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TWD's Lauren Cohan Claims Dead City 'Refreshes The Scare Level' Of The Franchise

With the long-running AMC hit "The Walking Dead" officially dead and buried, fans now have numerous spin-off titles to look forward to. One such series goes by the title "The Walking Dead: Dead City" and comes courtesy of creator Eli Jorné. The show focuses on "TWD" franchise staples Negan Smith (Jeffrey Dean Morgan) and Maggie Rhee (Lauren Cohan) as they venture to Manhattan, New York, in search of her son Hershel. According to Cohan herself, fans can expect plenty of scares during this post-apocalyptic rescue mission.

"It's very scary. It kind of refreshes the scare level of that world. So I'm very excited," Cohan told Decider in an interview promoting "Dead City" and the final season of The Walking Dead." Upon reading the script, it became crystalized that the spin-off will indeed bring the franchise back to its horror roots. She adds that Negan and Maggie will very much be out of their element as they navigate a dangerous and terrifying urban environment. They're a long way from Georgia, and she looks forward to exploring her character in new ways and putting her up against new challenges after all these years.

It's good to know that "Dead City" will bring back the horror edge of "Walking Dead," seeing as many fans are confused about why it seemed to disappear from the original series.

Fans can't help but wonder why The Walking Dead stopped being scary in the first place

Theoretically, "The Walking Dead" should be one of the scariest media franchises out there. It's about zombies, oppressive governments, death, and other things that would give anyone a good fright. The first few episodes of the original series were quite scary, in all fairness. However, as the years have gone on, "TWD" at large has mostly moved away from creeping audiences out. For some viewers that are heavily invested in the living characters and their stories, that's not necessarily a bad thing, but many others can't help but wonder where the saga's horror edge went.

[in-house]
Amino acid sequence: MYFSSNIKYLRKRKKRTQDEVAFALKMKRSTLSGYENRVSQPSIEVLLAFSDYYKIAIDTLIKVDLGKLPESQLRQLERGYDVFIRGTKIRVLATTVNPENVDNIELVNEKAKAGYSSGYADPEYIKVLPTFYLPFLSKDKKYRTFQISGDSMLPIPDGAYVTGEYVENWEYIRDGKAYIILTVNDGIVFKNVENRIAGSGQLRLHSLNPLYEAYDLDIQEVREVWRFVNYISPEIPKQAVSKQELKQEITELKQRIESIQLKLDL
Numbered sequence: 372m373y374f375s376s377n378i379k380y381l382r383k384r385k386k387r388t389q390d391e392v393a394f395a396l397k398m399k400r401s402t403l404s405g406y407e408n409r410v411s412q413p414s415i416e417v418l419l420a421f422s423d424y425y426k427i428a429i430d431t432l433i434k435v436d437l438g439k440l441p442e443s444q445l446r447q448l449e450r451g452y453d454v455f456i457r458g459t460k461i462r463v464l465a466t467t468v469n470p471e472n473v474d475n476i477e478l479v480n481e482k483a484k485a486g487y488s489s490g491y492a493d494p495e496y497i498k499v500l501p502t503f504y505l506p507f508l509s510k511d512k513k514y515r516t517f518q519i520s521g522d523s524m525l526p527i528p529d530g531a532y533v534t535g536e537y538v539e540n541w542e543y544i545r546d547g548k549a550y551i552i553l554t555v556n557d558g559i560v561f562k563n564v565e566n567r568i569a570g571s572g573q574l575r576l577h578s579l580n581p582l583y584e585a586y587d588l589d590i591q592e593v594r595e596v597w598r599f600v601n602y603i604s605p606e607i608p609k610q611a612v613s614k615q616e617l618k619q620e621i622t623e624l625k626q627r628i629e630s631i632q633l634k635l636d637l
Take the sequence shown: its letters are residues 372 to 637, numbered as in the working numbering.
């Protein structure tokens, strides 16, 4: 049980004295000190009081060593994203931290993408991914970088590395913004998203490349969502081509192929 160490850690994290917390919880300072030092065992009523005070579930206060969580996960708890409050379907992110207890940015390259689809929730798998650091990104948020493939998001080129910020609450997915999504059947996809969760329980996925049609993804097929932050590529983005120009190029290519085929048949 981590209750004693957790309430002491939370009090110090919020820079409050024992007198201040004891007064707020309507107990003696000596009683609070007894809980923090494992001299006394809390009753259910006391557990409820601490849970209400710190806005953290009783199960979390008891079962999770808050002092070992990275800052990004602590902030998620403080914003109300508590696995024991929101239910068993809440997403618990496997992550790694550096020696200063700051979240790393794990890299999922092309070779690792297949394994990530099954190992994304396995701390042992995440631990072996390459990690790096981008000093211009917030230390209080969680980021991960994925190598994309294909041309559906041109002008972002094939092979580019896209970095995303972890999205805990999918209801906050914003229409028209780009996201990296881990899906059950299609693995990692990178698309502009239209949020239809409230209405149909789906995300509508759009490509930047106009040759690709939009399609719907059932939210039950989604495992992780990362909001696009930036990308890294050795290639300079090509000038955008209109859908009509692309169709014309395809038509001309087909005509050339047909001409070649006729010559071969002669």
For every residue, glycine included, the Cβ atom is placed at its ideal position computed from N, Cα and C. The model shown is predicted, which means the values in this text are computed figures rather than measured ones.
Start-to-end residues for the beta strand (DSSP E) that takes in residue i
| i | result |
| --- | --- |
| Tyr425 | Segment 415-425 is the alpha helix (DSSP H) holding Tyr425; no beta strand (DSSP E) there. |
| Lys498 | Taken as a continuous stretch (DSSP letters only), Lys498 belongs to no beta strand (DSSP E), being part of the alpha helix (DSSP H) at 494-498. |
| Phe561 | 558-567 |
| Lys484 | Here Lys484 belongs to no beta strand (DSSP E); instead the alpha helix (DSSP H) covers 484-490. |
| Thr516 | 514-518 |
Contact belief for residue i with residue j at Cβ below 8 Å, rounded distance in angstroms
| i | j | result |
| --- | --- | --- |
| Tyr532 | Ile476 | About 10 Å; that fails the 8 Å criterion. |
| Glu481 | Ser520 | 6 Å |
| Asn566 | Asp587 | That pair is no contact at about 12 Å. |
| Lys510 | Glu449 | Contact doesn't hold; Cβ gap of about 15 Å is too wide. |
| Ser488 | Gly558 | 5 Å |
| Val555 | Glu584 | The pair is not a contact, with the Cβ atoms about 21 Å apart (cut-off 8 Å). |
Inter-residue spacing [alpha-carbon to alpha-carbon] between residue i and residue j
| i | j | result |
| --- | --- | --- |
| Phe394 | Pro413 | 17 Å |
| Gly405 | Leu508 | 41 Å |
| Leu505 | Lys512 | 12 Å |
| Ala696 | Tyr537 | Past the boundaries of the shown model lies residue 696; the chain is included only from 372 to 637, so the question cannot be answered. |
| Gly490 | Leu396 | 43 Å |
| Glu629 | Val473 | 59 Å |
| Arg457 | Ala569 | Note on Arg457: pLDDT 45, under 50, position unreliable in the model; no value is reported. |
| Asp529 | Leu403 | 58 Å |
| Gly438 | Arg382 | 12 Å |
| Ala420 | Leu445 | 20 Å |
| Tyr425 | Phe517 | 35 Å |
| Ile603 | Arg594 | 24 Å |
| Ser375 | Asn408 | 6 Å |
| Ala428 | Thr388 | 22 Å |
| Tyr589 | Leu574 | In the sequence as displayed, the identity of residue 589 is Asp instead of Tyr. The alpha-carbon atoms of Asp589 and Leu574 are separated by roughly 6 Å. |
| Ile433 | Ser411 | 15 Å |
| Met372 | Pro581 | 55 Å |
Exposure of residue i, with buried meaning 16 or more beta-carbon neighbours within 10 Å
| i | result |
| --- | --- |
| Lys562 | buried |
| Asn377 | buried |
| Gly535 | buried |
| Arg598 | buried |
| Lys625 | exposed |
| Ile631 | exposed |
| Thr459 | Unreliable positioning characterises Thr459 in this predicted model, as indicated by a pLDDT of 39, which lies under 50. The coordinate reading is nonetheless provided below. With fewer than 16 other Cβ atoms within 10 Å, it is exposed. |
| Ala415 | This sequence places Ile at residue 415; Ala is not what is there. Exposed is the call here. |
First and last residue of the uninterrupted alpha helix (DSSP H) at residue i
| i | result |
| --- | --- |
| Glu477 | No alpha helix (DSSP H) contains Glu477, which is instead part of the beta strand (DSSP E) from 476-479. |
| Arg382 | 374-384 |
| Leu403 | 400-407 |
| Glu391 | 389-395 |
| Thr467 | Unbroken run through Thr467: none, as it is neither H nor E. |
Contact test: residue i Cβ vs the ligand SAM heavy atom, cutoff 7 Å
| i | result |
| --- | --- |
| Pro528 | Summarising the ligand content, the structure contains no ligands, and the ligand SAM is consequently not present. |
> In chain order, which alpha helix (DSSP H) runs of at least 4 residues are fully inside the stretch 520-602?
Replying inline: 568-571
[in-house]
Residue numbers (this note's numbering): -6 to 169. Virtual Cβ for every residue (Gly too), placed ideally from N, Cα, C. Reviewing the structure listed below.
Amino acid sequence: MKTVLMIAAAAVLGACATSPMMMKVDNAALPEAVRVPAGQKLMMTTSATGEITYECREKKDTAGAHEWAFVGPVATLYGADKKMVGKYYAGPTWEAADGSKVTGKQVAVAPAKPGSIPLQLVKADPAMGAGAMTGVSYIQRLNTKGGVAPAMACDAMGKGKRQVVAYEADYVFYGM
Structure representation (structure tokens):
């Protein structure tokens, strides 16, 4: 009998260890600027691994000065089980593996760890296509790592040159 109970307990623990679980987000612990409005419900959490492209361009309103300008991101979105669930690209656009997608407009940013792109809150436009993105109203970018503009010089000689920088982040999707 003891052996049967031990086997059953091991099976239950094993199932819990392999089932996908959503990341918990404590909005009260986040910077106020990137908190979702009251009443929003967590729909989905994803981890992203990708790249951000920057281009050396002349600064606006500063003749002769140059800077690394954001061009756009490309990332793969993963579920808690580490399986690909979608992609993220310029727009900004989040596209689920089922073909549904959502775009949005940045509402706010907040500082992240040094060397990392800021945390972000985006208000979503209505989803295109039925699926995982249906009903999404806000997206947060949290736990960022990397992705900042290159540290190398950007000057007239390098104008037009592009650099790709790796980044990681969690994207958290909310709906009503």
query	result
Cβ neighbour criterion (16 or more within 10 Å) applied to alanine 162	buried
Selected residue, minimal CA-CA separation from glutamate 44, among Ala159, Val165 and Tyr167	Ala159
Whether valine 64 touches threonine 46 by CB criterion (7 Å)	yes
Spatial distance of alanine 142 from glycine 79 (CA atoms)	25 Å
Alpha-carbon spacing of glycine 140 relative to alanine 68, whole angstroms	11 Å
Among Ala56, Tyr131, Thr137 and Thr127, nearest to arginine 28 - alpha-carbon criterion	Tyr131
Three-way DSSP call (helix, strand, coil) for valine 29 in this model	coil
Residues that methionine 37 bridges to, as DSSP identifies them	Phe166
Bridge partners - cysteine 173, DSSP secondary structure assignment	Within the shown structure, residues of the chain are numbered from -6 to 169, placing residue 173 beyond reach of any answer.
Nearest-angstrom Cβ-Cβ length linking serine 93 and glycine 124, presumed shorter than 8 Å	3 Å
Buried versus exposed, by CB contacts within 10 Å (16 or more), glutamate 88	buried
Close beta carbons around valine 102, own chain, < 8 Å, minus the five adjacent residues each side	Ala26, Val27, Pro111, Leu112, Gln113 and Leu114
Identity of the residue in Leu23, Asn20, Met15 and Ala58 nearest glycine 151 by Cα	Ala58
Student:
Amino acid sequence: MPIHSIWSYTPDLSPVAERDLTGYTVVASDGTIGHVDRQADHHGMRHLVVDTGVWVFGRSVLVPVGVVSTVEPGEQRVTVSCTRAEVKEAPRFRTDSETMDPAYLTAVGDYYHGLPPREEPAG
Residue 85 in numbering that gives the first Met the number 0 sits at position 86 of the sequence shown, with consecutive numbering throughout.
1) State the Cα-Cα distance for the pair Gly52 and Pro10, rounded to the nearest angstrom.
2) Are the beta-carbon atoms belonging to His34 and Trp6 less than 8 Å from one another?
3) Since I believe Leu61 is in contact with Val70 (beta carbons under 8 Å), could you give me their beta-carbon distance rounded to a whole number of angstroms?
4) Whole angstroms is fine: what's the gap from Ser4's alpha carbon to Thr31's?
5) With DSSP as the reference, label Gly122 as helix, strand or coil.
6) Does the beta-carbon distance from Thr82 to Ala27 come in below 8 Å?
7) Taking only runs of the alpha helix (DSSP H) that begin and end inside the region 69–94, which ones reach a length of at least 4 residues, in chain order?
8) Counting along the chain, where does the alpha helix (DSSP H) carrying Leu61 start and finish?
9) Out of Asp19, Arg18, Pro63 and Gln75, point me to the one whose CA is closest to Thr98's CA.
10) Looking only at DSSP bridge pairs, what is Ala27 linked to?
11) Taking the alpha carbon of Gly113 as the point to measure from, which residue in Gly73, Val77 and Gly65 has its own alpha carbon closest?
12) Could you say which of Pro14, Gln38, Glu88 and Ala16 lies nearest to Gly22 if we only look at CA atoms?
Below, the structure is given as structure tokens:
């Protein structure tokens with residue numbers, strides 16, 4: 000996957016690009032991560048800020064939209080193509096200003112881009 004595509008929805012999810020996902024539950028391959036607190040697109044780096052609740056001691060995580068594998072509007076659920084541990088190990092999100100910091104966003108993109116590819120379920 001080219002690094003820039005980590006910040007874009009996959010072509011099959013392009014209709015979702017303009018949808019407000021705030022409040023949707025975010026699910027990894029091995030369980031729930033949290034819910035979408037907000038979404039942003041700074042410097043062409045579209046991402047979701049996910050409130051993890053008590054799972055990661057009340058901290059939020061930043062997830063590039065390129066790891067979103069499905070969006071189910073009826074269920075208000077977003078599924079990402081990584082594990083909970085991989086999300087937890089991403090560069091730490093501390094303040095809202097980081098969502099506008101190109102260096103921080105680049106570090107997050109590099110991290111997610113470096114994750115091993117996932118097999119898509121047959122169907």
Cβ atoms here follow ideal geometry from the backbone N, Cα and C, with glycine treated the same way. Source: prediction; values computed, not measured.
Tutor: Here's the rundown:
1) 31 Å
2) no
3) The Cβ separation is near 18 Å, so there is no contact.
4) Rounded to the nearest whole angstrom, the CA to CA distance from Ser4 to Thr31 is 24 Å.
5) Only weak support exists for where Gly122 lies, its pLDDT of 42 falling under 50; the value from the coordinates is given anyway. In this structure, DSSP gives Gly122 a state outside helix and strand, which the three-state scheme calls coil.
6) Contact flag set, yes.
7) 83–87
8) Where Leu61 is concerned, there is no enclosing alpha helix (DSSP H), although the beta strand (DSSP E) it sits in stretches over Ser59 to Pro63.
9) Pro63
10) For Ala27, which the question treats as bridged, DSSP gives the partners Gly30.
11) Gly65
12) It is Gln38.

Redditor u/TrainerAppropriate19 wrote up a thread on this exact topic, with many "Walking Dead" viewers chiming in to try and explain why the original show got less scary. "They've been living in a post apocalyptic world for almost a decade and the threat and experiences of having to navigate a world that has fallen, is no longer scary to them," commented u/jayfav07, with u/WhySoSerious37912 adding that the walkers become weaker over time and the survivors improve at killing. Others argue that the original series' main cast becomes invincible, robbing it of its unpredictable, tense nature.

For those disappointed that "The Walking Dead" abandoned its horror roots some, hopefully, "The Walking Dead: Dead City" and the numerous other impending spin-offs will fix that in the near future.